With their new theater currently under construction, Berry College Theater Company has undertaken an outdoor production of Rick Elice’s Peter and the Starcatcher. Fancifully unravelling the life of Peter Pan before he became the children’s literature figure we know so well, the play explores the travels of “Boy” and his orphan friends Prentiss and Tedd as they sail across the sea. The little protagonists find themselves thrown in the midst of battles, face-offs, and chases throughout the story. The little protagonists join forces with Molly in an effort to recover her father’s lost treasure, and the suspense of the story only builds from there. They find themselves facing off with the notorious Black Stache in an effort to steal back the treasure.
Despite the difficulties of an outdoor performance, the cast and crew for Peter and the Starcatcher put together an incredibly impressive production. Performed at night, the outdoor ambiance fit masterfully within the plot of the story without distracting the audience’s attention. While the occasional passing car sound was mildly distracting, this drawback was significantly outweighed by the uniqueness of an outdoor performance. With the trees, sky, and foliage to accent the set design of an old attic, the audience had the opportunity to be completely immersed in the setting of the story. Because the crew designed the set to make use of the immersive, 360-degree outdoor setting, the occasional breaking of the fourth wall seemed completely reasonable. With the audience already immersed in the setting of the play, it was fitting to have the cast make use of the entire space. Overall, the outdoor style of the play was creatively and innovatively designed.
While the set was impressive, the script was not so awe-inspiring. A large section of the play’s storyline seemed to drag excessively. The play’s pace picked up after intermission, but the first half of the play passed by so slowly. With excessive amounts of dialogue and very little action, it was difficult to get caught up in the story during the first half. We explore the backstory of “Boy,” and we learn about Molly’s quirky personality. We’re introduced to Black Stache, and some of the major plot conflicts are formulated, but that is not enough to keep the audience entertained. The dialogue is often stationary during the first half, witnessed as Molly, “Boy,” Prentiss, and Tedd discuss their histories, or as Black Stache establishes his evil intentions with his crew. Because of this, the first half feels long. However, directly after intermission, we are met with an exciting new act with energy and action. The plot’s conflicts come to fruition, and we are thrown in the midst of all the that the first half established. The story builds to its intense climax between “Boy” and Black Stache, and all the drag and slowness of the first half of the play become lost in a satisfying and enjoyable closing of the play. While the first half of the play drags, the second half of the play does well in redeeming the play.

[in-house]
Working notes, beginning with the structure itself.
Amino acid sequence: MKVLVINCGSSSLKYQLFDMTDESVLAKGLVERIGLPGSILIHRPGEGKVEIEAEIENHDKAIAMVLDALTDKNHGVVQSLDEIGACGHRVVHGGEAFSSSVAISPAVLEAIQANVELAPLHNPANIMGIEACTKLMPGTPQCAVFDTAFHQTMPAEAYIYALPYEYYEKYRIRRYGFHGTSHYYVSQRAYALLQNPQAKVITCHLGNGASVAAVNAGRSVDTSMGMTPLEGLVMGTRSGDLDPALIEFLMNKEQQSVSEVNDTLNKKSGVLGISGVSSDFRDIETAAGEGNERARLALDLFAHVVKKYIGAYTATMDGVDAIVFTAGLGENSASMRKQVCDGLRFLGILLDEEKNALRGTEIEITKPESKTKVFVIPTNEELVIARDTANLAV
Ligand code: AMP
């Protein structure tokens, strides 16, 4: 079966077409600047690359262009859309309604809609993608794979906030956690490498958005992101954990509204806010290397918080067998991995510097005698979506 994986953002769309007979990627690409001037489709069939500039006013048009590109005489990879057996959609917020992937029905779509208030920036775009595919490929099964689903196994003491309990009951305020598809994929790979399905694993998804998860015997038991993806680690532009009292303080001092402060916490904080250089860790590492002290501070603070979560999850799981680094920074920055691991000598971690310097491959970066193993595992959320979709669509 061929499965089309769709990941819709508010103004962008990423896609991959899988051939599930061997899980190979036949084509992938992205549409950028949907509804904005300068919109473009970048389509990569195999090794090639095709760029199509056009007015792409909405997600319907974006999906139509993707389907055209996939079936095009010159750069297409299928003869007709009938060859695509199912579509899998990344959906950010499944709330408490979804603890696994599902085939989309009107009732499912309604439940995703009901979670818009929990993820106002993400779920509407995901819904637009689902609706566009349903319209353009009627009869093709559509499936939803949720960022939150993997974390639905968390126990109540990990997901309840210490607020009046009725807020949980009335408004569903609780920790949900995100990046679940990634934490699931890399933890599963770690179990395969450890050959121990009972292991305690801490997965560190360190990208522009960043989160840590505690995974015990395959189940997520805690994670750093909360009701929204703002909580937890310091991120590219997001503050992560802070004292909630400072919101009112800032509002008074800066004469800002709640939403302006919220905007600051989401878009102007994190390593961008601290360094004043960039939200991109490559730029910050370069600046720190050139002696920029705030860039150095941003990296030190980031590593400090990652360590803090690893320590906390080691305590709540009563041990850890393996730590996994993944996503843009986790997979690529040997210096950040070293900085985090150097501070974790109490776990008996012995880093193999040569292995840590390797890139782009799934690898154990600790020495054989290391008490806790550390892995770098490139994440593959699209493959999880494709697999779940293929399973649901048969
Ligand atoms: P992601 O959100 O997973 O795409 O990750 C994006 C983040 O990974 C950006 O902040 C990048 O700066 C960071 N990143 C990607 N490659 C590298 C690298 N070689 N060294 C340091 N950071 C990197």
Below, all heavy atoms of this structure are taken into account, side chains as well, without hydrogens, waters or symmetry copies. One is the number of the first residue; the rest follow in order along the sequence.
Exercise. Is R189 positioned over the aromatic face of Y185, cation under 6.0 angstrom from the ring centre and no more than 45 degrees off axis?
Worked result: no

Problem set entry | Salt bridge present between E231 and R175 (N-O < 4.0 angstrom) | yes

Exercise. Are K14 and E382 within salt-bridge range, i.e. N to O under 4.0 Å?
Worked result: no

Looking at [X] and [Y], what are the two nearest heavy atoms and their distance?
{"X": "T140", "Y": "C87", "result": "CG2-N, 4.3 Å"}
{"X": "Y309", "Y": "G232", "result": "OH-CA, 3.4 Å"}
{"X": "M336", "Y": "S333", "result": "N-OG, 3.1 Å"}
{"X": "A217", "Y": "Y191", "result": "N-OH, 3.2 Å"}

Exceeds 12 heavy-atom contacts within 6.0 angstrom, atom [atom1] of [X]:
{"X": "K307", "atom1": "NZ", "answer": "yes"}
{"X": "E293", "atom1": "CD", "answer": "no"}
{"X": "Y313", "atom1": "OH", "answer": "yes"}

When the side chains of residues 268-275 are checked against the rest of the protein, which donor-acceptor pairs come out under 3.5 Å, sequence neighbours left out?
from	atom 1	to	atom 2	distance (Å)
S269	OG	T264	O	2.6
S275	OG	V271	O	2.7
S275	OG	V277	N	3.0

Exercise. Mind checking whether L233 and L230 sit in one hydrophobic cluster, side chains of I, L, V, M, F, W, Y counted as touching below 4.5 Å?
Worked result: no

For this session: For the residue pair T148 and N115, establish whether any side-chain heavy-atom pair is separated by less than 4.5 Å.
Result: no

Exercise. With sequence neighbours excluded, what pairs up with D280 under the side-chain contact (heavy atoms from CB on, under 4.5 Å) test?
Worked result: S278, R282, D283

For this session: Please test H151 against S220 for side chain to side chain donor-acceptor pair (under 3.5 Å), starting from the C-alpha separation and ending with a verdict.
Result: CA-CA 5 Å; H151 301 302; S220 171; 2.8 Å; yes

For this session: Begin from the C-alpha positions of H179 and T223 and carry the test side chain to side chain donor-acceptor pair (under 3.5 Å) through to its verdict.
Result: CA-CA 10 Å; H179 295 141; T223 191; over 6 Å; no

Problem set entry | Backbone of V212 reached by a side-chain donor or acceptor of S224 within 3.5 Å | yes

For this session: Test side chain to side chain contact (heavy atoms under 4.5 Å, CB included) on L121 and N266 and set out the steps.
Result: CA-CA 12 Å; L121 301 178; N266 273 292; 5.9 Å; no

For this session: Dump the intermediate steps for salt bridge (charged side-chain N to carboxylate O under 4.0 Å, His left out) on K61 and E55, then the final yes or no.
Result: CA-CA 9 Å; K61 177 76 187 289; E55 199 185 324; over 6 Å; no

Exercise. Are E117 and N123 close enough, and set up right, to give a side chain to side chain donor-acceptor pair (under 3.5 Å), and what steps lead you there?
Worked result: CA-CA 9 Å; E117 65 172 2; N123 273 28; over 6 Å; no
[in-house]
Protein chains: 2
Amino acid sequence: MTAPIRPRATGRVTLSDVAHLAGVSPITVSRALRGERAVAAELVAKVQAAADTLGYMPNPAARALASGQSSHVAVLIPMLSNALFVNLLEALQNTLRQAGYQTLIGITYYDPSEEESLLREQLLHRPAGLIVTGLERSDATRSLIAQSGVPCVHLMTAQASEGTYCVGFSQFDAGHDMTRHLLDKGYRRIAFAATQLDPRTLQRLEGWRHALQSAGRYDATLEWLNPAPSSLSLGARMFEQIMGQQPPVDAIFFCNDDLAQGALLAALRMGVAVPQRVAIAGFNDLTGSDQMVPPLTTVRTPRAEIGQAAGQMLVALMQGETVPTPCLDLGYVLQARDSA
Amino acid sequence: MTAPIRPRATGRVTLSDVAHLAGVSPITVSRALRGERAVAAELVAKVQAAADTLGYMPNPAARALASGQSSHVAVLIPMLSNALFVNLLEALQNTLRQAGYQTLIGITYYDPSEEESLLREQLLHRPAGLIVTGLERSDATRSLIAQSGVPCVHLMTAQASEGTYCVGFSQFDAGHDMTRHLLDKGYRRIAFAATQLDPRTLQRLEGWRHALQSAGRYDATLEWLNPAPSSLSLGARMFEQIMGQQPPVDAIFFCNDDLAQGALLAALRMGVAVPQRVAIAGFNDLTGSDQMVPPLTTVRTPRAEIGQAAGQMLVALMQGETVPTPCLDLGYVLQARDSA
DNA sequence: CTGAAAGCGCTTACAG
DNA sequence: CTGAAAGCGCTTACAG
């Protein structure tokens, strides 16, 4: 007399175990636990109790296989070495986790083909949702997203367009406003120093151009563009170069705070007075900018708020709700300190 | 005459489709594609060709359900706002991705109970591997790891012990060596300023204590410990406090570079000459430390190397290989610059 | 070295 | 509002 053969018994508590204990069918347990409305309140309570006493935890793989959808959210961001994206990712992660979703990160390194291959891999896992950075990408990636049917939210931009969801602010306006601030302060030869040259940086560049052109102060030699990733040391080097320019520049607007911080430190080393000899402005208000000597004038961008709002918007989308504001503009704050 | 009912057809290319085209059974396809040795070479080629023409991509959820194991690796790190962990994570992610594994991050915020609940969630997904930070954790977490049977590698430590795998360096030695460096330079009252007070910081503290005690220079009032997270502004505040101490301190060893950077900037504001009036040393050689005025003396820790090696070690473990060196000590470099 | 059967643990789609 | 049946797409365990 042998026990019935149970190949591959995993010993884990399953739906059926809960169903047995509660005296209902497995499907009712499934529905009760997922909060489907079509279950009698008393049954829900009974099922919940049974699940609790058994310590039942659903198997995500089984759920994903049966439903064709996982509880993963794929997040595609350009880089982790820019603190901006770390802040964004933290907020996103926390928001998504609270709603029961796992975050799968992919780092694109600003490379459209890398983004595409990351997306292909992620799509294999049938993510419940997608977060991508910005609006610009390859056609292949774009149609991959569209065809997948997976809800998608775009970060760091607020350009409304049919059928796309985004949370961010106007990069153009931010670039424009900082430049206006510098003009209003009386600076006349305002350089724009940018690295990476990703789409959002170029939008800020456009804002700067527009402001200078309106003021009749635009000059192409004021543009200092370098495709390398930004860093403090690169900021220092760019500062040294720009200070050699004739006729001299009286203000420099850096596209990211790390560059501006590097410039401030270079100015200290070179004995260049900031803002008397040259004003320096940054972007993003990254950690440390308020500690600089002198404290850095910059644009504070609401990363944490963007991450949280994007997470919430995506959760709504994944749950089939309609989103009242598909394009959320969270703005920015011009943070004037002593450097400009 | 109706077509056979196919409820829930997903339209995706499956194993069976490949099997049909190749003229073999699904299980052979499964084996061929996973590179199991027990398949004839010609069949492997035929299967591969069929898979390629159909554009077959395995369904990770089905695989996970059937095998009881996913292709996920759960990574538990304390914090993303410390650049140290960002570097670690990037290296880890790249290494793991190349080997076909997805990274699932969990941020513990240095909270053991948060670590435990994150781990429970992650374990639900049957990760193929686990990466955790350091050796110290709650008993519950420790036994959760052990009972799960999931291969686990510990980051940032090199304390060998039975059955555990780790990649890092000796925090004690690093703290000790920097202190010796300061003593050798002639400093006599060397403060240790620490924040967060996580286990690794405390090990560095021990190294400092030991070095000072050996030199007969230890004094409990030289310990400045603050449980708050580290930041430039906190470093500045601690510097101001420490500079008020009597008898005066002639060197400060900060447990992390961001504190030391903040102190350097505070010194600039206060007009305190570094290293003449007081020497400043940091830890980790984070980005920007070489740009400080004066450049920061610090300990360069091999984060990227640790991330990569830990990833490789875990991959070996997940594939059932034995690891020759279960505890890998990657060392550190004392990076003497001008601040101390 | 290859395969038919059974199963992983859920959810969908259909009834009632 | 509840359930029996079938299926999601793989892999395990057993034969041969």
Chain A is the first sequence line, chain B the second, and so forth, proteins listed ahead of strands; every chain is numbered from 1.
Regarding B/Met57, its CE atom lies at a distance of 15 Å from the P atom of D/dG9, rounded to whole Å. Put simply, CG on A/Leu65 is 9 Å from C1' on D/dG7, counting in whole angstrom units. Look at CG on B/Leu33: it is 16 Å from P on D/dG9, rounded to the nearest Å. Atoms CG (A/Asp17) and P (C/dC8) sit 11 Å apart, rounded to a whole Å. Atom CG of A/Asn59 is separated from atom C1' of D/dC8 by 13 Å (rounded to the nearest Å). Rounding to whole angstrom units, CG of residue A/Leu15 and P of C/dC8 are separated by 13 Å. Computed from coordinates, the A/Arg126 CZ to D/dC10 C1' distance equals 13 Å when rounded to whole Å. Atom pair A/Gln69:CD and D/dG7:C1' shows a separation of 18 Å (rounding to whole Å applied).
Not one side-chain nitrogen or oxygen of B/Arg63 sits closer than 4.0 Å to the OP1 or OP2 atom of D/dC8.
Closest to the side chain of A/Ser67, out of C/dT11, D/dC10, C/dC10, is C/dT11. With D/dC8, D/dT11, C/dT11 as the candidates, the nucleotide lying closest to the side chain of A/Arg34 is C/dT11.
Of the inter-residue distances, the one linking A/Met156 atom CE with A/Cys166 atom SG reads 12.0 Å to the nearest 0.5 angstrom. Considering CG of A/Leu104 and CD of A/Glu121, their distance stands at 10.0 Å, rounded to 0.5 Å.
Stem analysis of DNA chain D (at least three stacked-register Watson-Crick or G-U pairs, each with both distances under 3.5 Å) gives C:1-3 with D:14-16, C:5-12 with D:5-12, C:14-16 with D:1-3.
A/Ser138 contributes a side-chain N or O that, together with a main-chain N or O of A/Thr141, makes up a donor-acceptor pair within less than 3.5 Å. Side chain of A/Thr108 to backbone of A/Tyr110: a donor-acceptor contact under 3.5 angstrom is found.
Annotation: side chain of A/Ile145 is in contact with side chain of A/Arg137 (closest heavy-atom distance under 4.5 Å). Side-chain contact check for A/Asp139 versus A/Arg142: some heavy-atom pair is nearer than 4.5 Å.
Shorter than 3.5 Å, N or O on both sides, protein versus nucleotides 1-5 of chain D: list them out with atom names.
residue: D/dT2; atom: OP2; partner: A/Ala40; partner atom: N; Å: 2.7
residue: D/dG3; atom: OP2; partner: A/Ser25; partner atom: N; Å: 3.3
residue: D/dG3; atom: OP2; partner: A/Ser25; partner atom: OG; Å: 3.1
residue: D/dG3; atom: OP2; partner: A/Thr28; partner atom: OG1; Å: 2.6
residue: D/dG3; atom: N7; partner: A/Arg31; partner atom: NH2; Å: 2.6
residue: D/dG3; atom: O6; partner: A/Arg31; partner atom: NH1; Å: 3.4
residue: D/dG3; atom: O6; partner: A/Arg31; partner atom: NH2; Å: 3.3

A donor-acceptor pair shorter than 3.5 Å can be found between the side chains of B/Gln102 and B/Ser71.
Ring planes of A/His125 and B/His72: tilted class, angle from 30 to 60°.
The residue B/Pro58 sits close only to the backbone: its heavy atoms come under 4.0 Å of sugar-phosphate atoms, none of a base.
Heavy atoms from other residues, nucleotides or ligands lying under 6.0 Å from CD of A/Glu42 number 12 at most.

Despite its slow first half, the play benefits from an incredible star performance from Tyler Vaughan. Acting in the role of “Boy,” Vaughan grows through the story, leaving his past as a nameless orphan boy to develop a name and an identity. As Vaughan wrestles through his past, he sincerely communicates those intense emotions with the audience, while still embracing the light-hearted nature of the show’s production. Molly frequently pokes at “Boy,” challenging him to embrace an identity and become something, As Vaughan attempts to interact in those arguments, he communicates some deeply seated emotions that resonate strongly with the audience of the product. However, he manages to do so without losing the humor and cuteness factor associated with his role. We are able to connect with his character and his past, caught up in his journey towards finding an identity. We cheer when “Boy” succeeds, and we groan when he encounters difficulty. In his role as “Boy,” Vaughan has won the hearts of the audience.
Peter and the Starcatcher was an ebullient production, full of life and energy. While the first half of the play had its dry spells, the play’s epic second half served well to excite the audience once again. As we journeyed through the orphan story, the underlying search for identity connects deeply with the audience, and we are immersed in the show’s outdoor set. All in all, the play exceeded expectations and captivated our hearts.